Anesthesia Residents Preferentially Request Operating Room Case Assignments with Complex Cases

Peggy Y. Kim, Jonathan P. Wanderer, David W. Allbritton, Matthias Eikermann, Keith Baker

Research output: Contribution to journalArticlepeer-review

3 Scopus citations

Abstract

Self-directed learning is associated with knowledge and performance improvements, increased identification and amelioration of knowledge gaps, and heightened critical appraisal of available evidence. We developed and implemented a decision support system that could support self-directed learning for anesthesia residents by soliciting resident input in case selection. We hypothesized that residents would utilize this system to request complex cases, and that more advanced residents would request more complex cases. Prospective, observational study involving 101 anesthesiology residents. We used a web-based interface, RHINOS [Residents Helping in Navigating Operating Room (OR) Scheduling], which allowed residents to share their rank-ordered preferences for OR assignment. Number of cases per OR, anesthesia base units, time units, and proportion of inpatient cases were used as proxies for case complexity. Data were analyzed using a mixed linear model. Residents requested rooms with fewer cases [F(3,22,350) = 194.0; p < 0.001], more base units [F(3,19,158) = 291.4; p < 0.001], more time units [F(3,19,744) = 186.4; p < 0.001], and a greater proportion of cases requiring inpatient preoperative evaluation [F(3,51,929) = 11.3; p < 0.001]. In most cases, these differences were greater for more advanced residents. As hypothesized, residents requested ORs with higher case complexity, and these cases more often required inpatient preoperative evaluation. More advanced residents exhibited a stronger preference for more educational cases than junior residents.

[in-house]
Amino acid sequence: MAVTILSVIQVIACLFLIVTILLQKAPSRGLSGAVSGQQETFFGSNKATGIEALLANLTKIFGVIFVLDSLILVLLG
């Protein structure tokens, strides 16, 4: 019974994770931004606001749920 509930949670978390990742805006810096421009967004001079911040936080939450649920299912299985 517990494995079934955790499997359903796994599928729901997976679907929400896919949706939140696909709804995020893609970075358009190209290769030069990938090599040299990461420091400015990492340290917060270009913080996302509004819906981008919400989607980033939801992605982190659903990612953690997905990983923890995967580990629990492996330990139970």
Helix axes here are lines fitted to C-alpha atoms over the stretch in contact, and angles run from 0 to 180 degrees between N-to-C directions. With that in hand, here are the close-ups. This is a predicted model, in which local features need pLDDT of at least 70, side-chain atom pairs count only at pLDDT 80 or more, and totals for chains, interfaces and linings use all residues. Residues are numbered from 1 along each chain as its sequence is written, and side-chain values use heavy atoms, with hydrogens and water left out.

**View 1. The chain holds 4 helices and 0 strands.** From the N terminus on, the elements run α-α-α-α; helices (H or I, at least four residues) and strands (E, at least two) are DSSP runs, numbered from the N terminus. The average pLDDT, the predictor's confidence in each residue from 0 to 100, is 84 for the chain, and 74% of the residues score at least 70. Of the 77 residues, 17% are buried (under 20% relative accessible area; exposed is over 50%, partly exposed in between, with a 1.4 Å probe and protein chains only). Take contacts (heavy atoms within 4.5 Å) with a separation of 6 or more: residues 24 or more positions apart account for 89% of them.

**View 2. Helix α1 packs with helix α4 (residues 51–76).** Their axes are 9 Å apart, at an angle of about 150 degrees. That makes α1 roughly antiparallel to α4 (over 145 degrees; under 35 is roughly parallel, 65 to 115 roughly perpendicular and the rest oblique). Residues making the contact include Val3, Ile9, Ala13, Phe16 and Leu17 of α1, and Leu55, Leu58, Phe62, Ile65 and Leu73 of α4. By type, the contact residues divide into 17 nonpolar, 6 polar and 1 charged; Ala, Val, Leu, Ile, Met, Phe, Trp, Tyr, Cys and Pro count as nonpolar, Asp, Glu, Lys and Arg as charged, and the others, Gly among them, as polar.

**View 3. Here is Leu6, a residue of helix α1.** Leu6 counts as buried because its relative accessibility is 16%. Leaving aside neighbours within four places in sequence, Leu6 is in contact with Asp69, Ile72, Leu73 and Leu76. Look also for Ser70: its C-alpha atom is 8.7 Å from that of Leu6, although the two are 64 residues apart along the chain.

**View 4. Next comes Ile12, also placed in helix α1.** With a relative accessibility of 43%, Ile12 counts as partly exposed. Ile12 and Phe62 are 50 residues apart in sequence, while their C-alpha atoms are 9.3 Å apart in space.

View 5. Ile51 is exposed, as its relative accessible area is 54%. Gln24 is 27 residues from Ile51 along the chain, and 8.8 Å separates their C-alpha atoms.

Original languageEnglish (US)
Article number64
JournalJournal of Medical Systems
Volume41
Issue number4
DOIs
StatePublished - Apr 1 2017
Externally publishedYes

Keywords

  • Case selection
  • Education
  • Self-directed learning

ASJC Scopus subject areas

  • Medicine (miscellaneous)
  • Information Systems
  • Health Informatics
  • Health Information Management

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